Photo of Christy Nguyen, Sameer Khedekar and Julie Pearl provided by the firm.
Ever since Lawdragon first began researching our guide to the Most Powerful Employment Lawyers back in 2008, one name has consistently come up as among the most admired of immigration specialists – Julie Pearl of the Pearl Law Group in San Francisco. A former Deputy Attorney General in California, Pearl has been a leader in handling the immigration needs of employers and individuals since founding her firm in 1995. She also has been a pioneer in the field by developing software and products that streamline the delivery of services to clients.
Pearl's success has also come from building a talented and diverse team of attorneys with a wide range of life experiences. Among them are Sameer Khedekar, the firm’s managing partner, who was a green card holder into adulthood, and Christy Nguyen, a partner whose family first came to the U.S. as political refugees. Needless to say, the firm's already busy workload was intensified with the election of President Donald Trump and his immigration policies.
Lawdragon: For those not familiar with Pearl Law Group, can you summarize the range of services the firm provides, and to what type of clients?
Julie Pearl: We secure immigration status for talent wherever it needs to be in the world, with offices in the Americas, Asia Pacific and EMEA [Europe, the Middle East and Africa]. Our corporate clients range from startups to Fortune 500. We also work extensively with entrepreneurs, investors and “extraordinary ability aliens” – that’s the official term!
LD: Julie, what led you to start a firm in this practice area? Was this something you had always considered or did your tenure as a Deputy AG trigger the decision?
JP: As an undergrad student at Stanford and a dual national of the U.S. and Canada, I was able to live in the International House where I met people from all over the world. Learning about the immigration challenges these incredibly smart people would face should they decide to build their careers in the U.S. left an indelible mark, and I vowed to dedicate myself to their cause. Like my grandparents, who were all immigrants, these people are at least twice as likely as those born in-country to start enterprises and to make significant contributions to every field. Who wouldn’t want to spend their working days with such greatness?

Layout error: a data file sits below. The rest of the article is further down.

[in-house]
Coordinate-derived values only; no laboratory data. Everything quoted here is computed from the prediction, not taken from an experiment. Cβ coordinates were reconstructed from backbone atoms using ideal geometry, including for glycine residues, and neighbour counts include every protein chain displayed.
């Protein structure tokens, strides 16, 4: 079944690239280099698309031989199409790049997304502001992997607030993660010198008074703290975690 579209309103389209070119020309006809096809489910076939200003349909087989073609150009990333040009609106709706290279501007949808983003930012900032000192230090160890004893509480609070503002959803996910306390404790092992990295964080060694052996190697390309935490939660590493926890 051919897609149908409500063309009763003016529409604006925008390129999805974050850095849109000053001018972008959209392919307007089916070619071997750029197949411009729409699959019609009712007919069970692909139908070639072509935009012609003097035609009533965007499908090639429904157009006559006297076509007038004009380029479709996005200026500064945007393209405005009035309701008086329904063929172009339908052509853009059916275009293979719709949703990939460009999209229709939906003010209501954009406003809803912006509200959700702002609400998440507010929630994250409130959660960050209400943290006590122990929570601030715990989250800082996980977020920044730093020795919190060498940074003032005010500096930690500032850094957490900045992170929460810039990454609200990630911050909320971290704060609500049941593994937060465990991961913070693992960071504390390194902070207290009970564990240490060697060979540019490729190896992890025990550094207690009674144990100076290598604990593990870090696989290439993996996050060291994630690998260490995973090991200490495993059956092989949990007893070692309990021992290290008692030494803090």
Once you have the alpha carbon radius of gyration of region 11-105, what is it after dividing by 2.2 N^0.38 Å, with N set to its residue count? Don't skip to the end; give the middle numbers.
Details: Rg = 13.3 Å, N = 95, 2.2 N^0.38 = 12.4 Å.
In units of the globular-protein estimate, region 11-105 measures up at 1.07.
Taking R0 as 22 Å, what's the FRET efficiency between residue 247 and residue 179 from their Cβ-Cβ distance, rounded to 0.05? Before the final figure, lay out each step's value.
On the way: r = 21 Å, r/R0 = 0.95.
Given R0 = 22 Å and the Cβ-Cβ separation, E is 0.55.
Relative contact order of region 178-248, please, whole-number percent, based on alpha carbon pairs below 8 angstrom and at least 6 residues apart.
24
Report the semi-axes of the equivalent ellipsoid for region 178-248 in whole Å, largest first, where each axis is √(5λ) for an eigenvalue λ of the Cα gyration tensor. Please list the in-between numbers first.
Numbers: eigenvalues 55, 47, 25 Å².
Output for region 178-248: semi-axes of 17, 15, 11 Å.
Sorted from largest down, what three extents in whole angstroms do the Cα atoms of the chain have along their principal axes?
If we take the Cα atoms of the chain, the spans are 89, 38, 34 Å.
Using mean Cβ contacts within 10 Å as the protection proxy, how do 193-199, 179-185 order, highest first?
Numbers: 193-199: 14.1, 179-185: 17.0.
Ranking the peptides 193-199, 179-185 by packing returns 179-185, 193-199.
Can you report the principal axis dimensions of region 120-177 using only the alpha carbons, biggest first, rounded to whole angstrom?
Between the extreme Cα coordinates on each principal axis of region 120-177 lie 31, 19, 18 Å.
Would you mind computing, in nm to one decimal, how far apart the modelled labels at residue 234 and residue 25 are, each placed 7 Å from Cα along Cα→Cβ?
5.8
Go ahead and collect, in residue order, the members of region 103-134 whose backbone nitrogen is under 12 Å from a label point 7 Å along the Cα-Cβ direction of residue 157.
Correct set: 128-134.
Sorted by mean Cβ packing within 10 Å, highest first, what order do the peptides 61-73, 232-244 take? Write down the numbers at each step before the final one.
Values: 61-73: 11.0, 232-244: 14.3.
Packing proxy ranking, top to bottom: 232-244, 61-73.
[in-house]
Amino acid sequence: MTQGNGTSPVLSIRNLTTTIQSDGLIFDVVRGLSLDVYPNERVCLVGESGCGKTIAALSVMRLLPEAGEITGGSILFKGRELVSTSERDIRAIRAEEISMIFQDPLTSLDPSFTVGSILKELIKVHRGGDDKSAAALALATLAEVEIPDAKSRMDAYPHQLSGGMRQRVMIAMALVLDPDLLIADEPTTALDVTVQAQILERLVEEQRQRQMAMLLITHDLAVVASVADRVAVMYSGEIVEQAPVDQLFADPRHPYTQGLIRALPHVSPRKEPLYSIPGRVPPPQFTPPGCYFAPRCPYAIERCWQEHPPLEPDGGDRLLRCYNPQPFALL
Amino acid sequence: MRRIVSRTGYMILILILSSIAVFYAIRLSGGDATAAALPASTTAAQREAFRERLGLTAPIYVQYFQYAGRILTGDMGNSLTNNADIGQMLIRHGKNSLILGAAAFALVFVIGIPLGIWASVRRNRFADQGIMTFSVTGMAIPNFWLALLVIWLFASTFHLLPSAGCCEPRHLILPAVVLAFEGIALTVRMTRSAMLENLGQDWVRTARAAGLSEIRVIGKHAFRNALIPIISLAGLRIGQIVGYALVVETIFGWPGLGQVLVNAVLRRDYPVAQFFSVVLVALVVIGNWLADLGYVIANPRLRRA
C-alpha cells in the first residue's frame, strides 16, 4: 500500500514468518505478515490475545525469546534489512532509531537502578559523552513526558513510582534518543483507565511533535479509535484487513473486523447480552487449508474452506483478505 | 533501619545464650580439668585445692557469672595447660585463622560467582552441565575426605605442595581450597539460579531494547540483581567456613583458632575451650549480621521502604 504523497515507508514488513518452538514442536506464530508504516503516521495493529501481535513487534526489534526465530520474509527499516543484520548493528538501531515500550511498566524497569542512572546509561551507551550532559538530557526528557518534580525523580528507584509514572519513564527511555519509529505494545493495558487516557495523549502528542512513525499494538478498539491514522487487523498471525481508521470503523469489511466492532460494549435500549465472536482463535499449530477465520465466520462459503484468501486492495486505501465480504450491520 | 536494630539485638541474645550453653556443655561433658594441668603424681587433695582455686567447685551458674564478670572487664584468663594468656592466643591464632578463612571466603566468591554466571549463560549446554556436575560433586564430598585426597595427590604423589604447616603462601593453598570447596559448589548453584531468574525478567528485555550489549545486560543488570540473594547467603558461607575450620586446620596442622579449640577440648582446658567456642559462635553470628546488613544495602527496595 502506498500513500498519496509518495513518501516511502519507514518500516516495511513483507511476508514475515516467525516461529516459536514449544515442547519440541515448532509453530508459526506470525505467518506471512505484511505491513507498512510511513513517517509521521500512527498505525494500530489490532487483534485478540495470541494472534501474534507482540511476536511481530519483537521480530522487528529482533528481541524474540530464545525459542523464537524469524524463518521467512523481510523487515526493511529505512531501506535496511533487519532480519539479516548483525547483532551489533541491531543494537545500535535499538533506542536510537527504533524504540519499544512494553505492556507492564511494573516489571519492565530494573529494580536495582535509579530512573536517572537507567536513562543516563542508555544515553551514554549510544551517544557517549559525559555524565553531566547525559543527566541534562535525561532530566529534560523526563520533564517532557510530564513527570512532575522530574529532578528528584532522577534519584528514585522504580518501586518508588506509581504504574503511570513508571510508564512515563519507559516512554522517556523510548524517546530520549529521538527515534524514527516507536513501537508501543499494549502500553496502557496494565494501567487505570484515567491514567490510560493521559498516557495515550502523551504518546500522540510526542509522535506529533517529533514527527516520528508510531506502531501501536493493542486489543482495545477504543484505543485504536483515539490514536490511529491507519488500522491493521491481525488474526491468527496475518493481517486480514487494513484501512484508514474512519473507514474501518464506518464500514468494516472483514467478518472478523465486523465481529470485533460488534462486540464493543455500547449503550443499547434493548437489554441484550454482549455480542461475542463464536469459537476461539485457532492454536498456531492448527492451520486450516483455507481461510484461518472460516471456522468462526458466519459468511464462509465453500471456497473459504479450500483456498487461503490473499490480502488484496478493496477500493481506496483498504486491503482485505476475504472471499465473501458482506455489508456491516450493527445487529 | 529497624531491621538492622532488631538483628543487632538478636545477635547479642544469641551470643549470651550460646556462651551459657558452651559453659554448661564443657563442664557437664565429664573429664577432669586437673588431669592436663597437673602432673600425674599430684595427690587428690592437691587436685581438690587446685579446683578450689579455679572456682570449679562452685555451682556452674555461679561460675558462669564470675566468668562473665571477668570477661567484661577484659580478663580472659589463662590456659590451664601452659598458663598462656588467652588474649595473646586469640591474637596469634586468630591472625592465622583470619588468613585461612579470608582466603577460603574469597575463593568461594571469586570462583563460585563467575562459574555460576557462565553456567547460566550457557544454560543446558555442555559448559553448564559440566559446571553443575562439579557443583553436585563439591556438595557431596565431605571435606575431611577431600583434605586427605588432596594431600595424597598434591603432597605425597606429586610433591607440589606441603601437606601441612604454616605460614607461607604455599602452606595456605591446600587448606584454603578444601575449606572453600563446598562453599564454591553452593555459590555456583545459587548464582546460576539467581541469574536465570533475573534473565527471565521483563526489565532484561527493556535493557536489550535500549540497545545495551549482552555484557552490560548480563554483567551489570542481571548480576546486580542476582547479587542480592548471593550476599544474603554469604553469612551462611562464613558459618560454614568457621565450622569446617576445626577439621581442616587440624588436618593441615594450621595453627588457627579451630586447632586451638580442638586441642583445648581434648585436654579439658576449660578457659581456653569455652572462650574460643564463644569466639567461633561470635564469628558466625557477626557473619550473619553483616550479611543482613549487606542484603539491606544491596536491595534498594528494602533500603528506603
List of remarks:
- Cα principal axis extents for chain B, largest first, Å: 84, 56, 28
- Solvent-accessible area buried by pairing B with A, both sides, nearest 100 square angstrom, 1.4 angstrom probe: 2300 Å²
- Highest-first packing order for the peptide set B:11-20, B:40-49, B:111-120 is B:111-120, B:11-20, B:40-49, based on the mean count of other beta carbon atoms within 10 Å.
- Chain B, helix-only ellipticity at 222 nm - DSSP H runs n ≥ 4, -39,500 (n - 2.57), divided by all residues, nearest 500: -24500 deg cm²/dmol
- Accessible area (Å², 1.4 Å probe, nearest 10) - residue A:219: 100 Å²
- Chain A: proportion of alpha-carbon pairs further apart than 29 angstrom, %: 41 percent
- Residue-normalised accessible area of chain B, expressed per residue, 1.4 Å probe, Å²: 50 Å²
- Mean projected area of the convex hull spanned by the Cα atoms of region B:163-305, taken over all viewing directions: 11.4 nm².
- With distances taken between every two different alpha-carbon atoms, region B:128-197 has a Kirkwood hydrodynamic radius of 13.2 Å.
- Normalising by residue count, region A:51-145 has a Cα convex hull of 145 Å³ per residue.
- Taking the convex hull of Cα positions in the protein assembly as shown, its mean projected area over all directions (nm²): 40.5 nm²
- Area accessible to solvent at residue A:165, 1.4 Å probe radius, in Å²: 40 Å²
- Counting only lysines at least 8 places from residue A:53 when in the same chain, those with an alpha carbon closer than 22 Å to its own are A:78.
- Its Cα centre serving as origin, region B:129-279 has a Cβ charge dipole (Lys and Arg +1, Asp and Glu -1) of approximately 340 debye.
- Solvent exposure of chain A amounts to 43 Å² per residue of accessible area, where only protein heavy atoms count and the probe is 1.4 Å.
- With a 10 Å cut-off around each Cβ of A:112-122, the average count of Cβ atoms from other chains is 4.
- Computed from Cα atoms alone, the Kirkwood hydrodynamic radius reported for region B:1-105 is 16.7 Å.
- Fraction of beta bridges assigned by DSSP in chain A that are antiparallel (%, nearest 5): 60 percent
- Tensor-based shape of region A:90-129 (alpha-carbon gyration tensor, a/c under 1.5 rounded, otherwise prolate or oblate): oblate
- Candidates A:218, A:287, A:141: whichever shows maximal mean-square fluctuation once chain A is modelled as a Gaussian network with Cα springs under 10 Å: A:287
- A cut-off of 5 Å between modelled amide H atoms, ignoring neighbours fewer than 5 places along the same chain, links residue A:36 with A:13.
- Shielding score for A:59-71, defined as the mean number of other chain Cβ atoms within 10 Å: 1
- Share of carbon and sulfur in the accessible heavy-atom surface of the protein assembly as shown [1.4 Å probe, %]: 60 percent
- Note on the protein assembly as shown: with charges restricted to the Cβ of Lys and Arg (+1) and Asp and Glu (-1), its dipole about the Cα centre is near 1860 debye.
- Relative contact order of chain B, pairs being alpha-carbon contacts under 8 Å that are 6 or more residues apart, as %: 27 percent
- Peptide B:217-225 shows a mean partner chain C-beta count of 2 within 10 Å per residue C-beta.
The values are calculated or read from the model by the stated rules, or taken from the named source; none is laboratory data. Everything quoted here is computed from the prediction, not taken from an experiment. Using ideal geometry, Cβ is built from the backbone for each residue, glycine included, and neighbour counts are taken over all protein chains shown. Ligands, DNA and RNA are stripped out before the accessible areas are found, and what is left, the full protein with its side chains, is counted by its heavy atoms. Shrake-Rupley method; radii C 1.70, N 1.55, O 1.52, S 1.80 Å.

LD: What were some of the challenges in the early phase of the firm? Did it take awhile to get on solid footing?
JP: Just the usual stuff about learning how to run a business, especially since few law firms provided a positive role model of culture, efficiency and other essential parts of a healthy ecosystem. Mentors abound in Silicon Valley, and several of them carried us through it.
LD: Sameer and Christy, can you share why you decided to go to law school and specifically why you were interested in immigration law?
Christy Nguyen: My initial interests in going to law school took root from the fact that I am a first-generation immigrant from Vietnam, and having grown up as a minority, I quickly identified with the plight of all minorities when I learned about the civil rights movement through my undergraduate history courses. Another seminal moment during my collegiate experience occurred when Fred Korematsu, a Japanese American civil rights activist, visited the University of California, Berkeley, campus and spoke about his own personal experiences during WWII and the internment of Japanese Americans. While I am passionate about constitutional law, I felt that my upbringing as an immigrant, coupled with my interest in civil rights, eventually led me to practice immigration law.